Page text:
The Original and Only, page 352
...Suddenly I saw the trap nest in a new light. Before that it had been associated in my mind with big egg stories and line breeding for eggs. But it has no necessary connection with either. One needn't abuse his trap nests to make his hens too prolific for the stamina of the stock, if such a thing is possible; neither need he lie about their findings, neither he tell the truth about them if the truth is so remarkable as to look like a lie. He could keep his mouth shut in that case. There may be such a thing as a 300-egg hen, but I'm not going to be the fellow to say so….
Three Phases of the Poultry Industry: A Typical "Bred to Lay" Business, Page 481
(A non-fiction profile of Dr. Charles Bricault of Andover, Massachusetts: a doctor of veterinary medicine and breeder of chickens for egg production)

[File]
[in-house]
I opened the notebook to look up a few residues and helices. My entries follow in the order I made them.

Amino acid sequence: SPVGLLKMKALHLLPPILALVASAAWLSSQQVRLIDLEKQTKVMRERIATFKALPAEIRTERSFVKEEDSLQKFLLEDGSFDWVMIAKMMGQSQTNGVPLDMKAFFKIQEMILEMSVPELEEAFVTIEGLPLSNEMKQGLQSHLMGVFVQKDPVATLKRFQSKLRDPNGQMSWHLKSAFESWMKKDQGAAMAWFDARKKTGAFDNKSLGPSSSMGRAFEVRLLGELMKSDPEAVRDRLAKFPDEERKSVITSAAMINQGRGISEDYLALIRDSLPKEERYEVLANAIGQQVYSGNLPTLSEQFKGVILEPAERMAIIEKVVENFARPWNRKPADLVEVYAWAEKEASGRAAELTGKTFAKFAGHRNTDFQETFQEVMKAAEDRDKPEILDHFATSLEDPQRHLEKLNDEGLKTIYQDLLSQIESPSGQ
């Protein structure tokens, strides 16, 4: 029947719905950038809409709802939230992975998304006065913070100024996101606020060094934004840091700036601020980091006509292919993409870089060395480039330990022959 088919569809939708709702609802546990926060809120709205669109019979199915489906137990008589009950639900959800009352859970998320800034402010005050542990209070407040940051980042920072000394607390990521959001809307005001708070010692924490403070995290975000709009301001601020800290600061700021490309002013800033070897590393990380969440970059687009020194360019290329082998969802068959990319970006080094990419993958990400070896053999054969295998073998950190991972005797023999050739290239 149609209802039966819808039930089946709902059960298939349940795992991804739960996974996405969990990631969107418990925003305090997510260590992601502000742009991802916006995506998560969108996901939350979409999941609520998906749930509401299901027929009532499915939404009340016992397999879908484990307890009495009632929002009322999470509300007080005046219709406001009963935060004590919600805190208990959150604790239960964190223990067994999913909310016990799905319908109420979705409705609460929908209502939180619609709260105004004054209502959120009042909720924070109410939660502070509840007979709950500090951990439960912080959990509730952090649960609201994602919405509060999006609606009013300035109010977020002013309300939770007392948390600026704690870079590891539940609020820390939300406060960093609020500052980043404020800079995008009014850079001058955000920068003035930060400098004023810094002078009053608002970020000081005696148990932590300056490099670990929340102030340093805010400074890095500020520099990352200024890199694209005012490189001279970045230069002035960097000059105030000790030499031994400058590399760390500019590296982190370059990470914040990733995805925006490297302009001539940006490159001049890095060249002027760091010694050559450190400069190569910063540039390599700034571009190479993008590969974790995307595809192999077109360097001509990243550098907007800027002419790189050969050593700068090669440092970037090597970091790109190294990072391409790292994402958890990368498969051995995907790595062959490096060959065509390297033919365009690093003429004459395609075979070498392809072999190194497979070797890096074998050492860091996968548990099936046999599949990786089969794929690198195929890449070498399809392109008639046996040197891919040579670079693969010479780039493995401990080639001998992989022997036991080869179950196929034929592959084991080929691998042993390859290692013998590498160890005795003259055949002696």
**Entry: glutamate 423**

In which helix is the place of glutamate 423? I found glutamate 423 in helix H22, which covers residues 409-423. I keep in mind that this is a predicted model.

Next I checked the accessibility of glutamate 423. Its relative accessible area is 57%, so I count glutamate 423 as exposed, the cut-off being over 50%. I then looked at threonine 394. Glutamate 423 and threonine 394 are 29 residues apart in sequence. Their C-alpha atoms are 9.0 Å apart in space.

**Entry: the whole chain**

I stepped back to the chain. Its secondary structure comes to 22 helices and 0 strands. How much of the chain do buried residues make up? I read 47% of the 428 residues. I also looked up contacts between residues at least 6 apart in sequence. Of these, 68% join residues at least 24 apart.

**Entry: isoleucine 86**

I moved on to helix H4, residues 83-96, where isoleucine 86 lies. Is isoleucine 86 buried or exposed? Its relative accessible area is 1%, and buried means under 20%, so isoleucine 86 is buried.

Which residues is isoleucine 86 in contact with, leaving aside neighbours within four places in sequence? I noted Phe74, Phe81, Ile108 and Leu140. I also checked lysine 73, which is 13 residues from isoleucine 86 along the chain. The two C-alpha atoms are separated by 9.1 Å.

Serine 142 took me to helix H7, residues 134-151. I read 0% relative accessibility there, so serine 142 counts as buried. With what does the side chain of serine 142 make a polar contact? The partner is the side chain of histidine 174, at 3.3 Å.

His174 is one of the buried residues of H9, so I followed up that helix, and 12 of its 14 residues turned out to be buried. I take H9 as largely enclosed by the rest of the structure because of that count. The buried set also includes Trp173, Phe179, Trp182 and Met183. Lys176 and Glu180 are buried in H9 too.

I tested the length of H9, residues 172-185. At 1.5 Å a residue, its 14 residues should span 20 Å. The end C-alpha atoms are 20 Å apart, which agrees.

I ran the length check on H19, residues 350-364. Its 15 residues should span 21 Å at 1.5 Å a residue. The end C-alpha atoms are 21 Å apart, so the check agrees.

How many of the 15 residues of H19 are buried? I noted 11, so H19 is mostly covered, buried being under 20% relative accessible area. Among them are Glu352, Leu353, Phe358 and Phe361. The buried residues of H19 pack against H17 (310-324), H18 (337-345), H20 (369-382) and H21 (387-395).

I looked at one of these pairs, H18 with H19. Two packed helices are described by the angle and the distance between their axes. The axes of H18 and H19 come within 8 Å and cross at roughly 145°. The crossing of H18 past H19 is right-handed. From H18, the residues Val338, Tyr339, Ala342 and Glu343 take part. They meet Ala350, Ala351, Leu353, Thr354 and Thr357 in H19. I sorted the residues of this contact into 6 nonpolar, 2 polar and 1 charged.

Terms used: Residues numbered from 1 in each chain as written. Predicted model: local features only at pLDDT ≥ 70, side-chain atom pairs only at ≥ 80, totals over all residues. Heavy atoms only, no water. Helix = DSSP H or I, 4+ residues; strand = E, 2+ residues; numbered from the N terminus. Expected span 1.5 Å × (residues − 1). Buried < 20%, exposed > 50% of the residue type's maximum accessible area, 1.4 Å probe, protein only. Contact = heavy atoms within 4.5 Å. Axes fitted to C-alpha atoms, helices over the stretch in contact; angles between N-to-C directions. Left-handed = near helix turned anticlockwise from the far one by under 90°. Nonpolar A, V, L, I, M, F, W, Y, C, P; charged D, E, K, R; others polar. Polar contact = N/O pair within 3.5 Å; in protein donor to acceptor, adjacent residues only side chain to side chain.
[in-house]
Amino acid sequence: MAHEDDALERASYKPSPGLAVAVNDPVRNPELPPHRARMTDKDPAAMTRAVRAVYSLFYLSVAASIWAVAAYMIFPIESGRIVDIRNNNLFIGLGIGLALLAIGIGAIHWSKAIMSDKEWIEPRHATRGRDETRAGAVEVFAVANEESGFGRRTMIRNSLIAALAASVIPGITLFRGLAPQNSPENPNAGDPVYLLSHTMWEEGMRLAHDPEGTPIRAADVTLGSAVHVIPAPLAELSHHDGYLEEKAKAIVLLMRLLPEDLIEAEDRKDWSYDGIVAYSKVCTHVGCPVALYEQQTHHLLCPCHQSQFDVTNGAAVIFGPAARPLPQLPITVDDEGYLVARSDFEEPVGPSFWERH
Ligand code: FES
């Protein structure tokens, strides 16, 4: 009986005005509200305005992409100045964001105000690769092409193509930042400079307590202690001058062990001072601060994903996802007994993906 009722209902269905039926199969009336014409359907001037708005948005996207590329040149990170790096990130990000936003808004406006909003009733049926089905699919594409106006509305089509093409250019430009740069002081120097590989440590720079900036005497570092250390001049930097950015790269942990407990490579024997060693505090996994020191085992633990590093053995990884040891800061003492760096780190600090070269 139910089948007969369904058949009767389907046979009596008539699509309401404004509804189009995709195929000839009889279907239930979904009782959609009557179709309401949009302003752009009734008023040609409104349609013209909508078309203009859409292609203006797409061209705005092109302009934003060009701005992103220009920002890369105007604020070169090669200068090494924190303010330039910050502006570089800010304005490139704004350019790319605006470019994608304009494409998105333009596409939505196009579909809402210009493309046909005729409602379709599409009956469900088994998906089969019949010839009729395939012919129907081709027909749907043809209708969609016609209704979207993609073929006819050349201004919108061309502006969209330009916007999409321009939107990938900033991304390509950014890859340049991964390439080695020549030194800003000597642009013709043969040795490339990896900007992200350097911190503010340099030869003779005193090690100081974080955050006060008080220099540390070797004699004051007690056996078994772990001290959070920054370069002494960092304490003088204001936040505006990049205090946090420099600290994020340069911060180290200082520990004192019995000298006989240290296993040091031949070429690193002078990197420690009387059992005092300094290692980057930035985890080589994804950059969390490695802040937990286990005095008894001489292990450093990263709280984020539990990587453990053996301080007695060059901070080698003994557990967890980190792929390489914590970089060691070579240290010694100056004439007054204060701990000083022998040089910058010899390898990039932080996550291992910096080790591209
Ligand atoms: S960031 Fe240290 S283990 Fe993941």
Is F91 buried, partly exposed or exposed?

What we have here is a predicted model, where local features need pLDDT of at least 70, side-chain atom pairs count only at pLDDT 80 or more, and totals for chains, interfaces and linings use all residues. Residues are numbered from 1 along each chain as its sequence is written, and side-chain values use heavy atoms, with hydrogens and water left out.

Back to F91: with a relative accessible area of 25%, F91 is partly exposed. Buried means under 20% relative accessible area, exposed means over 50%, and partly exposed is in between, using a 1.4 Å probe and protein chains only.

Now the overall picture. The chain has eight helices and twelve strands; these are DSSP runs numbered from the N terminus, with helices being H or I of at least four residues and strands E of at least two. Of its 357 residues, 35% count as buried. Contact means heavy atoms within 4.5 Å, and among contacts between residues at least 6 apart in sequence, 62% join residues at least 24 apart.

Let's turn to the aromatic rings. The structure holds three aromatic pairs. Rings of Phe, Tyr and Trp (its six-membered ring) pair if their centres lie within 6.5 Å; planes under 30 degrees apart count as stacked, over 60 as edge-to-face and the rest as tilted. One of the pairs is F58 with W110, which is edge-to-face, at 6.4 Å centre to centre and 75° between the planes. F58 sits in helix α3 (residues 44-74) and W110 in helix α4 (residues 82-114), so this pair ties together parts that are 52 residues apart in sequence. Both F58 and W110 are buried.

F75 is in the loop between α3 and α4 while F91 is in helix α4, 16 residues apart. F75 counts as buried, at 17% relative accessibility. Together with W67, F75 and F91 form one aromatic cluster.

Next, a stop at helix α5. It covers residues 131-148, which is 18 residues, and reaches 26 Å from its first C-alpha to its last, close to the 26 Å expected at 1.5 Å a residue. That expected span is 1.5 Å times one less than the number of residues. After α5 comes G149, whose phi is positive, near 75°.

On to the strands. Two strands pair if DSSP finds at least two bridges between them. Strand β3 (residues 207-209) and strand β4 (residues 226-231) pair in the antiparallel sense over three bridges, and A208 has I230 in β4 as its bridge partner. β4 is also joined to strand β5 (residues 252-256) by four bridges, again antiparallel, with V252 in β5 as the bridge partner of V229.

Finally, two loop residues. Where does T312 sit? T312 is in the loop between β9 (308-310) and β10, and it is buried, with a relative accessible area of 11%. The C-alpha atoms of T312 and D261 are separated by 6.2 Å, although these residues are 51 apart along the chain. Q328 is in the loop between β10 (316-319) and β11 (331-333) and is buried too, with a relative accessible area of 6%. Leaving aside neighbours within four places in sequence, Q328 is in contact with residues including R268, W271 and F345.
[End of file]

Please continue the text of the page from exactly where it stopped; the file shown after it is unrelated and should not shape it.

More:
What Dr. Bricault says about the part of his business that you must of necessity take his word for seems to me entitled to respect for its moderation....In the six years he has been breeding for eggs he has made a good beginning--that is all. He has come across some heavy layers. This is not the place to discuss the existence of the 200-egg hen. Doubters may be referred to the recent bulletin of the Maine Experiment Station, which reports thirty-five 200-egg hens in a total of 1000 tested, or three in a hundred. Perhaps it will not be too much to ask the cautious to believe that Dr. Bricault has had and still has his 200-egg hens; that he has bred from them; that he has made something if not the most of them. It is early yet to speak of positive results in breeding for eggs; suffice it to say that Dr. Bricault has achieved enough in that direction to encourage him to persevere.